History and heyday.

The Attucks Theatre during its heyday was the center of entertainment, business and racial pride in Norfolk’s African American community. A notable tour stop for all the best-known artists of the day, the Attucks became known as “the Apollo of the South,” presenting performances by a who’s who of stars including big band hit-makers Duke Ellington, Count Basie, Cab Calloway and Billy Eckstine; chart-topping singers including Ella Fitzgerald, Dinah Washington, and Nat King Cole; pioneering artists like operatic star Marian Anderson and blues icon Bessie Smith; jazz royalty including Dizzy Gillespie, Sarah Vaughan, Louis Armstrong, Lionel Hampton and Errol Garner; comedians Redd Foxx, Slappy White and Moms Mabley; R&B trailblazers Smokey Robinson, Sam Cooke, and The Flamingos; and such homegrown stars as Norfolk’s Gary U.S. Bonds and Portsmouth’s Ruth Brown. For years, on Friday nights you could catch a rip-roaring local talent show where the audience, boisterous but good-natured, had a way of cheering and heckling the best out of every performer.
 

AttucksBuilding_Vintage.jpg
The Attucks Theatre, 1927
(Courtesy of the Sargeant Memorial Collection, Slover Library, Norfolk VA)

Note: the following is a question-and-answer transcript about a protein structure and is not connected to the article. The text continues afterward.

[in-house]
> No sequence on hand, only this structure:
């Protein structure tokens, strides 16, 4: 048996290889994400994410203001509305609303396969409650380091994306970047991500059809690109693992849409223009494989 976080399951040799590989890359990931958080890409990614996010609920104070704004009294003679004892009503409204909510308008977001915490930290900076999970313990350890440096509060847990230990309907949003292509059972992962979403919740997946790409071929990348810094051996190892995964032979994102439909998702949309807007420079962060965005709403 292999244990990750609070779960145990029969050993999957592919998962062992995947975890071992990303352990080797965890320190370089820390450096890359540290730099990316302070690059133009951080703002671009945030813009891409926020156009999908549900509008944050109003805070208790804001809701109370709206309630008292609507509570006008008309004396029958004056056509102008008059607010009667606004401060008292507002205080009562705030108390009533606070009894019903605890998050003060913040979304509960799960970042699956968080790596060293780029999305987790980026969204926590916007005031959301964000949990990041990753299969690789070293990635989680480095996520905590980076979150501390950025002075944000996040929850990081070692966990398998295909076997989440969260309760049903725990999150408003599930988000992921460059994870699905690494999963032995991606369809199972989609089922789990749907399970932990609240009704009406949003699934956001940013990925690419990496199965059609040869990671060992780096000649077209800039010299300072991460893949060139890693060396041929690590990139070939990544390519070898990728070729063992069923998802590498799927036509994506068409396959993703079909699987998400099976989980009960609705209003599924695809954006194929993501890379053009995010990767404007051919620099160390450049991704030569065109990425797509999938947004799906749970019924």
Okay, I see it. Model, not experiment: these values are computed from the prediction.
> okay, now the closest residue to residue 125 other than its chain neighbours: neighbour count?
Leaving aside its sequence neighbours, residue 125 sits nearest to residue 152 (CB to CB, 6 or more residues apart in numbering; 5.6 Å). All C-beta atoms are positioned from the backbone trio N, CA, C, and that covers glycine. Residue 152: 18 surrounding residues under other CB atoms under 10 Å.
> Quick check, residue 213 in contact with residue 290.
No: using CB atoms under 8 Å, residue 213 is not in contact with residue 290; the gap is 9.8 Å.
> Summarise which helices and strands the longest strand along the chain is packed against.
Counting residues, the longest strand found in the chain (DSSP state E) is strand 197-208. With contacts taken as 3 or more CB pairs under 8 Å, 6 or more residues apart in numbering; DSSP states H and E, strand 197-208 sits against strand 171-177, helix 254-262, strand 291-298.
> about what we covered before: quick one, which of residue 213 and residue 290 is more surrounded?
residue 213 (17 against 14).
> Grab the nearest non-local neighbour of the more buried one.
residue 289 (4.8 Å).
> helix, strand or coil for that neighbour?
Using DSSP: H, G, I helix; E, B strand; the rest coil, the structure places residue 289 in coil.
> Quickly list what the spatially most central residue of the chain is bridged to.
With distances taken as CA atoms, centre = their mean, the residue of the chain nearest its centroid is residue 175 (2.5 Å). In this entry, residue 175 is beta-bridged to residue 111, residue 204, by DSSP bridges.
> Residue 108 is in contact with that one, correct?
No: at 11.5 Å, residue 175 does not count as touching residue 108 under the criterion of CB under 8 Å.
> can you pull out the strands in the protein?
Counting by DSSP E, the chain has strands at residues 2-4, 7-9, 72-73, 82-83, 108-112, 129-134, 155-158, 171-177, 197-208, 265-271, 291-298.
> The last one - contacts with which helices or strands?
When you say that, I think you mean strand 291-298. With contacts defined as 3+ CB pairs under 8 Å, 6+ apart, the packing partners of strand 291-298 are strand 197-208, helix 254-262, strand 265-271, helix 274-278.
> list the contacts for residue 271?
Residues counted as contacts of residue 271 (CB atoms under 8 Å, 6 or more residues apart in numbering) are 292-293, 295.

The stars came because the Attucks was a great place to perform. “The Attucks was one of the most modern and well equipped theatres of its time” and “one of the outstanding black-controlled theatres of the 1920s,” wrote Bernard L. Peterson, Jr., in The African American Theatre Directory 1816-1960. More than a showplace, the Attucks was a much-needed home for other activities. It became a vital platform for advocating social and political reform. It offered a place for church services and religious concerts. It held the offices of leading doctors, dentists, attorneys, and other professionals. It was also an adjunct facility for Norfolk Public Schools, hosting poetry readings, music recitals, writing contests, graduation exercises, and Black History Week exhibits.

For 34 years, from the peak of segregation through two world wars and a depression, the Attucks Theatre remained the cultural heart and soul of Church Street’s African American community. Then, in 1953, the curtain came down for the last time. Times had changed; families and businesses had left the inner city for the suburbs. For years, the historic building's familiar façade became home to local retailer Stark & Legum, as many of the fading surrounding businesses fell into decay and were demolished.
 

StarkLegum2_1987.jpg
Stark & Legum, 1987
(Courtesy of Norfolk Redevelopment and Housing Authority)


The Attucks was gone, but it would not be forgotten. In 1982, the Attucks was added to the National Register of Historic Places; in 1985, Father Joseph N. Green, Jr., former vice mayor of Norfolk, began exploring the idea of restoring the beautiful old building. The Crispus Attucks Cultural Center (CACC) was created raise the millions of dollars needed to resurrect the historic theatre. It took more than a decade to raise the needed funds and renovate the building, leading to a grand reopening in 2004.